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Our late September visit to Los Algodones

Normally, when we go to Los Algodones, we cross over into the USA into Calexico, and take Highway 8 going east toward Yuma. After about 50 miles just before hitting Yuma, we take the turnoff left, where the Quechan Casino is located. From there it is only a couple of miles south until we come to Los Algodones.

Like most border crossings, until recently there was no U.S. checkpoint when you leave the states. That is all being changed. We see big U.S. Border Patrol checkpoints both in Calexico and, now, going into Los Algodones. At the U.S. Border Patrol check going into Mexicali from Calexico, there have been people being pulled over for inspection on the U.S. side. We have even seen large groups of heavily armed U.S. Border Patrol guys when we pass back into Mexicali after doing some shopping in Calexico or El Centro.

The easy days for Americans entering Mexico are coming to an end.

The impressive (and expensive) new U.S. checkpoint going into Los Algodones was unmanned as we passed through its recently-built structure.

Los Algodones New Building

Los Algodones New Building

Once in Los Algodones, Jim said, “Hey, lookee there at that big building going up in Algodones.”

Yes, there was a large steel-framed building going up right on the Algodones part of the border.

Once in Los Algodones, however, the town looked completely empty. It was the very end of September, and the “snow birds,” those fleeing from the cold, up north, had not yet arrived.

Even our favorite restaurant (and the best we have found in Mexico), El Pueblo Viejo, was closed—a first for us. Mary’s Pharmacy, which was right under the new construction, was also closed—another new first. We went for simpler food to El Paraiso, a great bar and still with excellent food.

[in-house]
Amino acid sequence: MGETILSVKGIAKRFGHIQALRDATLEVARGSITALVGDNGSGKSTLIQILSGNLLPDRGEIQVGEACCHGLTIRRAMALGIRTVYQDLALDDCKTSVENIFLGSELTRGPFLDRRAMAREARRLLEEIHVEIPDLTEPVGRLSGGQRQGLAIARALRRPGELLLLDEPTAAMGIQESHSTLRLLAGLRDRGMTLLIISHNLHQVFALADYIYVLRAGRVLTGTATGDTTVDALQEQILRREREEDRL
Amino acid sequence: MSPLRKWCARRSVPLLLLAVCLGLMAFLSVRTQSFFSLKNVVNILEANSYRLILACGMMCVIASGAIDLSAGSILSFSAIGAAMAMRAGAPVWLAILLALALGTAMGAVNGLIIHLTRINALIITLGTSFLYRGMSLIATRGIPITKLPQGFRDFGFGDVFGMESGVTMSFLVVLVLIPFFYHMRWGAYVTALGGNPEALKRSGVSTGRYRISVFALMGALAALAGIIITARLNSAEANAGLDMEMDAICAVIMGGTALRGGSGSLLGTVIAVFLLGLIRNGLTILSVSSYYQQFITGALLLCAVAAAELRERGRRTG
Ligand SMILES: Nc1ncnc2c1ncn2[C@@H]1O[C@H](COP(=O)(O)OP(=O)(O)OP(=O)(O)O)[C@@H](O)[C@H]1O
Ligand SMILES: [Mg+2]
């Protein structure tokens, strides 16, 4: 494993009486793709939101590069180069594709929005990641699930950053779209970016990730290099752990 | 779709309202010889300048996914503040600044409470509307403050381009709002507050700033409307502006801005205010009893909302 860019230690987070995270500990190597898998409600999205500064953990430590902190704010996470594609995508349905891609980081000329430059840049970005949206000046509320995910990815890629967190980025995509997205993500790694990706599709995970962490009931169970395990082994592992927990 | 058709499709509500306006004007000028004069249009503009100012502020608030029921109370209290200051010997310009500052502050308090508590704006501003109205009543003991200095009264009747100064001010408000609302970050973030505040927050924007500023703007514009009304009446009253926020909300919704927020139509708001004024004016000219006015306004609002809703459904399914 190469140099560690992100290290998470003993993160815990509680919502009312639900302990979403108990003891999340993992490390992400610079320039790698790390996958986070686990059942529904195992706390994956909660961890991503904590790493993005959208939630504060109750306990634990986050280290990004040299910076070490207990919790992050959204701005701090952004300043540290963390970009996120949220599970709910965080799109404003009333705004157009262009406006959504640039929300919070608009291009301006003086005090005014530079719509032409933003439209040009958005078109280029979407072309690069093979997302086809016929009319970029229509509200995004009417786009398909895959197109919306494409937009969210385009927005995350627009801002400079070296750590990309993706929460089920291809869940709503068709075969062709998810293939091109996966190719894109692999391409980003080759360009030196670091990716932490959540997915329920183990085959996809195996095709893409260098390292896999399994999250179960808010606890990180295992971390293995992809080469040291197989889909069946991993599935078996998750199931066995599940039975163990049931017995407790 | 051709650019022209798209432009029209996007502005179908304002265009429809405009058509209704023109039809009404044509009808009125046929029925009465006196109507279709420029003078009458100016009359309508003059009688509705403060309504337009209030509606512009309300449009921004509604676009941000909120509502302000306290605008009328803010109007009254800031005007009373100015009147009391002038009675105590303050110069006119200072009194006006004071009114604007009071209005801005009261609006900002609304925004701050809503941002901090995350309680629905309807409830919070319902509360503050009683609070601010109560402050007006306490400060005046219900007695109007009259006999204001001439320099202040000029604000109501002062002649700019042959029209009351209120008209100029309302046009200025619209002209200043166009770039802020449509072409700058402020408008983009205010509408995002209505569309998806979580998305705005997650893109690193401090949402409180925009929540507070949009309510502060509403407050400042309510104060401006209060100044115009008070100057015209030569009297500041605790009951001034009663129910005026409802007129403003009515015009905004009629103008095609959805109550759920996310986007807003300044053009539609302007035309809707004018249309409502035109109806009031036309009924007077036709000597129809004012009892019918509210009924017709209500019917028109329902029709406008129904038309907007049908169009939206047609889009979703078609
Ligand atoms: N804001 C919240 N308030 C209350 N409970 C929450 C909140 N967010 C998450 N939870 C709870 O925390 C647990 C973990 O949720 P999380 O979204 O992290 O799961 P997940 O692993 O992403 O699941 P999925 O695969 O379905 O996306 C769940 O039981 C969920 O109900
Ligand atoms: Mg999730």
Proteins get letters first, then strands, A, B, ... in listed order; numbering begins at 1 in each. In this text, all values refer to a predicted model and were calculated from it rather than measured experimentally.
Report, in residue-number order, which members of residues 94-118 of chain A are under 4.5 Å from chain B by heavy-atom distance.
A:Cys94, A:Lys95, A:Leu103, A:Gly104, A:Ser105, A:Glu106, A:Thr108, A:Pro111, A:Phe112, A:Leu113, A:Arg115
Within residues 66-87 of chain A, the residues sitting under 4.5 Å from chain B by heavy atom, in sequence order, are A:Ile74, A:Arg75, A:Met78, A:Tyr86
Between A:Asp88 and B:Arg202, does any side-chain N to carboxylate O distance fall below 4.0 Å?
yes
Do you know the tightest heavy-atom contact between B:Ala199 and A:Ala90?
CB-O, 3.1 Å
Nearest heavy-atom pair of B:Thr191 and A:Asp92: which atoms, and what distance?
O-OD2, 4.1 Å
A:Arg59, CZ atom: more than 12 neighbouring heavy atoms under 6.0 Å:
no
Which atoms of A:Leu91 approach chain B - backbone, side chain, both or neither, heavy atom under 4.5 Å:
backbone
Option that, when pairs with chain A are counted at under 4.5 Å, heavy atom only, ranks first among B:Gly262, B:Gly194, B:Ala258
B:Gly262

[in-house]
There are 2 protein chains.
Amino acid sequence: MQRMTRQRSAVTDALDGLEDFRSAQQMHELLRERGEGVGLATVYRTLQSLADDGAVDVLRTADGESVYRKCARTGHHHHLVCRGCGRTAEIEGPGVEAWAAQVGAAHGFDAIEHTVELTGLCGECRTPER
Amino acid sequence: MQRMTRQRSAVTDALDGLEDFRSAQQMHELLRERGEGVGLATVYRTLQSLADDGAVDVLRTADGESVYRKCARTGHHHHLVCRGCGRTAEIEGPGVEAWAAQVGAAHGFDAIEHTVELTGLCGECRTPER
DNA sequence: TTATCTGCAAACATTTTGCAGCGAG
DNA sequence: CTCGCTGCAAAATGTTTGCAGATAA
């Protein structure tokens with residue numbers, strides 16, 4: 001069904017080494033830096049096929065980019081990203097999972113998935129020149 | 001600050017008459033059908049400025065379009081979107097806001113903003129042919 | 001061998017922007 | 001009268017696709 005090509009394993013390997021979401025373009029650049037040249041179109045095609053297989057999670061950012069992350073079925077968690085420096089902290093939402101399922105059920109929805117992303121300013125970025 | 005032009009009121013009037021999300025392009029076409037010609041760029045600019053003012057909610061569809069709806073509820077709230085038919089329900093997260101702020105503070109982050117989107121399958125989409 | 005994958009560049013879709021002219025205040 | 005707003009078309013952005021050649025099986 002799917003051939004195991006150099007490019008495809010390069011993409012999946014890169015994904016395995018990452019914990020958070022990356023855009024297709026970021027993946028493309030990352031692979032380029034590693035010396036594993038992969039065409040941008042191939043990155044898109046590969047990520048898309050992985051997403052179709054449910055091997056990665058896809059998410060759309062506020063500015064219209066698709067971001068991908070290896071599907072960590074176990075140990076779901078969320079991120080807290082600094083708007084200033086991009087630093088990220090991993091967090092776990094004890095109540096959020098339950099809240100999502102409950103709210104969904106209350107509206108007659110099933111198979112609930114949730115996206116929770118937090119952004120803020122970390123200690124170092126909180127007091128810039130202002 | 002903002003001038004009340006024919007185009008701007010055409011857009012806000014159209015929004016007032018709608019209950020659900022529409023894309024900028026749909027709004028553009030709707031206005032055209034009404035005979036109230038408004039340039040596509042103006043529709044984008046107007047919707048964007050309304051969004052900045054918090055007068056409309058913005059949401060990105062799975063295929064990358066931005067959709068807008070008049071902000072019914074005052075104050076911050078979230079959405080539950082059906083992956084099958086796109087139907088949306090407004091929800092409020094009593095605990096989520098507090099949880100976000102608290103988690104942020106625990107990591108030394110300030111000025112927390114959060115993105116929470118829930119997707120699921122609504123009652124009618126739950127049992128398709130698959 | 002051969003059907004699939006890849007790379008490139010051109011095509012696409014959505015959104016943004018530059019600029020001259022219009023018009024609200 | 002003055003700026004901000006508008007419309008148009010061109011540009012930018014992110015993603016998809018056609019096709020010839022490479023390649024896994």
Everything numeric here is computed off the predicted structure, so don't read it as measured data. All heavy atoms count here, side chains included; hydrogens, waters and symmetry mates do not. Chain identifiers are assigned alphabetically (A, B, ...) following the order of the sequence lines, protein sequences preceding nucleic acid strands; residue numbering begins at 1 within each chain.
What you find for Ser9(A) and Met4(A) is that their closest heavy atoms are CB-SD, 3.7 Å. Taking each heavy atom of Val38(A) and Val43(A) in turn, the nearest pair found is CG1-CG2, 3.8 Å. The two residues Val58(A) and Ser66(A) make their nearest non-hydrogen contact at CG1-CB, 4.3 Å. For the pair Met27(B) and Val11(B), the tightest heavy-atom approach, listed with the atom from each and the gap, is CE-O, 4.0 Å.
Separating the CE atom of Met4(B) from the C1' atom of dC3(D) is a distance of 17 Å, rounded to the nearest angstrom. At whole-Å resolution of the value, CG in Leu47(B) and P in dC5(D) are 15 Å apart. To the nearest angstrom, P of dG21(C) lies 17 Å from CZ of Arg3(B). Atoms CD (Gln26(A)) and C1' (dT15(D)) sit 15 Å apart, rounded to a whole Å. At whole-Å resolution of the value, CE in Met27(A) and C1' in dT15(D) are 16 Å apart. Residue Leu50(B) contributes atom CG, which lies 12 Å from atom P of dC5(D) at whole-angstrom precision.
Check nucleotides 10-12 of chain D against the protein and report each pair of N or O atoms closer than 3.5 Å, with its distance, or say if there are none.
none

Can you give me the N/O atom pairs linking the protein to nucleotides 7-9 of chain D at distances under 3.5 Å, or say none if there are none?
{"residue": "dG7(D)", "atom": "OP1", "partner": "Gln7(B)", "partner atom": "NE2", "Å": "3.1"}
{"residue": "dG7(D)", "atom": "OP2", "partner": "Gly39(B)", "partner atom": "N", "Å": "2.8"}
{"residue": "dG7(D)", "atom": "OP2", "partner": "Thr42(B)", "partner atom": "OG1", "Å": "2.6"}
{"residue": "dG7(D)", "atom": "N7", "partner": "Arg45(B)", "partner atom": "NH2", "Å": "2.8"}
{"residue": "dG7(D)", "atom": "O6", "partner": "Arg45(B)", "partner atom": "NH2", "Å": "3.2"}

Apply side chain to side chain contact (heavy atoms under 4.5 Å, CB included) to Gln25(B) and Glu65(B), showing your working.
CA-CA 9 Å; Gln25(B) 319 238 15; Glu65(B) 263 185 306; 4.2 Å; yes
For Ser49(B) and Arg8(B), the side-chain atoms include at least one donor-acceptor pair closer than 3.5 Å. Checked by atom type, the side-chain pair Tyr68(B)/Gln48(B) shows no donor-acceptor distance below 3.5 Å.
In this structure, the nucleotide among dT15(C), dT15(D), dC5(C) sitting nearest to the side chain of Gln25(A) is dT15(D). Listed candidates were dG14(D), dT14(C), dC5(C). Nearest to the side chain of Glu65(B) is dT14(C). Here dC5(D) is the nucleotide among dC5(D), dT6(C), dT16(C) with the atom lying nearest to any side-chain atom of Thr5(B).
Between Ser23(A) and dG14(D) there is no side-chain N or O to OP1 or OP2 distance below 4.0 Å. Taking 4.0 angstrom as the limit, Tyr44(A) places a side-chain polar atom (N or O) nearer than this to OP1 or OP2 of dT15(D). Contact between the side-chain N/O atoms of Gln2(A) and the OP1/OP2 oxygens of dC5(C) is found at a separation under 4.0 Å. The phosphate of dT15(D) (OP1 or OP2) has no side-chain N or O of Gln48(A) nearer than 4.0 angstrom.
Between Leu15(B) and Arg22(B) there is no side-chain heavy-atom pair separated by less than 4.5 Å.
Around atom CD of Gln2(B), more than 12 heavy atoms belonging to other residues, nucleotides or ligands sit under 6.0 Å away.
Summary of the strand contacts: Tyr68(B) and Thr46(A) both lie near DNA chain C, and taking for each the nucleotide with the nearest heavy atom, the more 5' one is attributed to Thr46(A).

Inside (as usual) there was a table of gringos—Americans like us. They were friendly, and we had a short conversation with them. They were talking about the effects of Obamacare for Americans living abroad.

They had seen a website which said that American expats living abroad are ineligible for Obamacare, which is limited to domestic insurance plans and is available only to residents of the U.S. states. Consequently, American expats living abroad are exempt from the penalty tax.

“Yeah,” said Jim, “but only them there Americans expats what qualify for the Foreign Earned Income Exclusion are free from Obamacare and that there IRS fine.

Our new found friends looked startled, as Jim had been very quiet, just gulping his beer from the bottle and didn’t seem to be listening.

“Hey, old buddy, what’cha mean by that; what is that income exclusion thing, if you know so much?” asked one of our new friends.

Jim took a long, slow gulp of beer, set down the bottle and answered, “It means,”  Jim gulped again and wiped his mouth with his sleeve, “It means you gotta have a resident visa is some foreign country or be out’a the states for 360 days in a year—otherwise Obama’s got ya.”

Jim then stood up, put his beer bottle and toothpick on the table and said, “Nice talkin’ to you all folks.”

We drove back home to Mexicali taking the beautiful route through the cotton fields and farmlands between Los Algodones and Mexicali.

10 comments to Our late September visit to Los Algodones

  • Todd:
    Thanks for keeping us posted! We wrote it up in English for the site. Click here to see.
    God Bless,

  • Rob: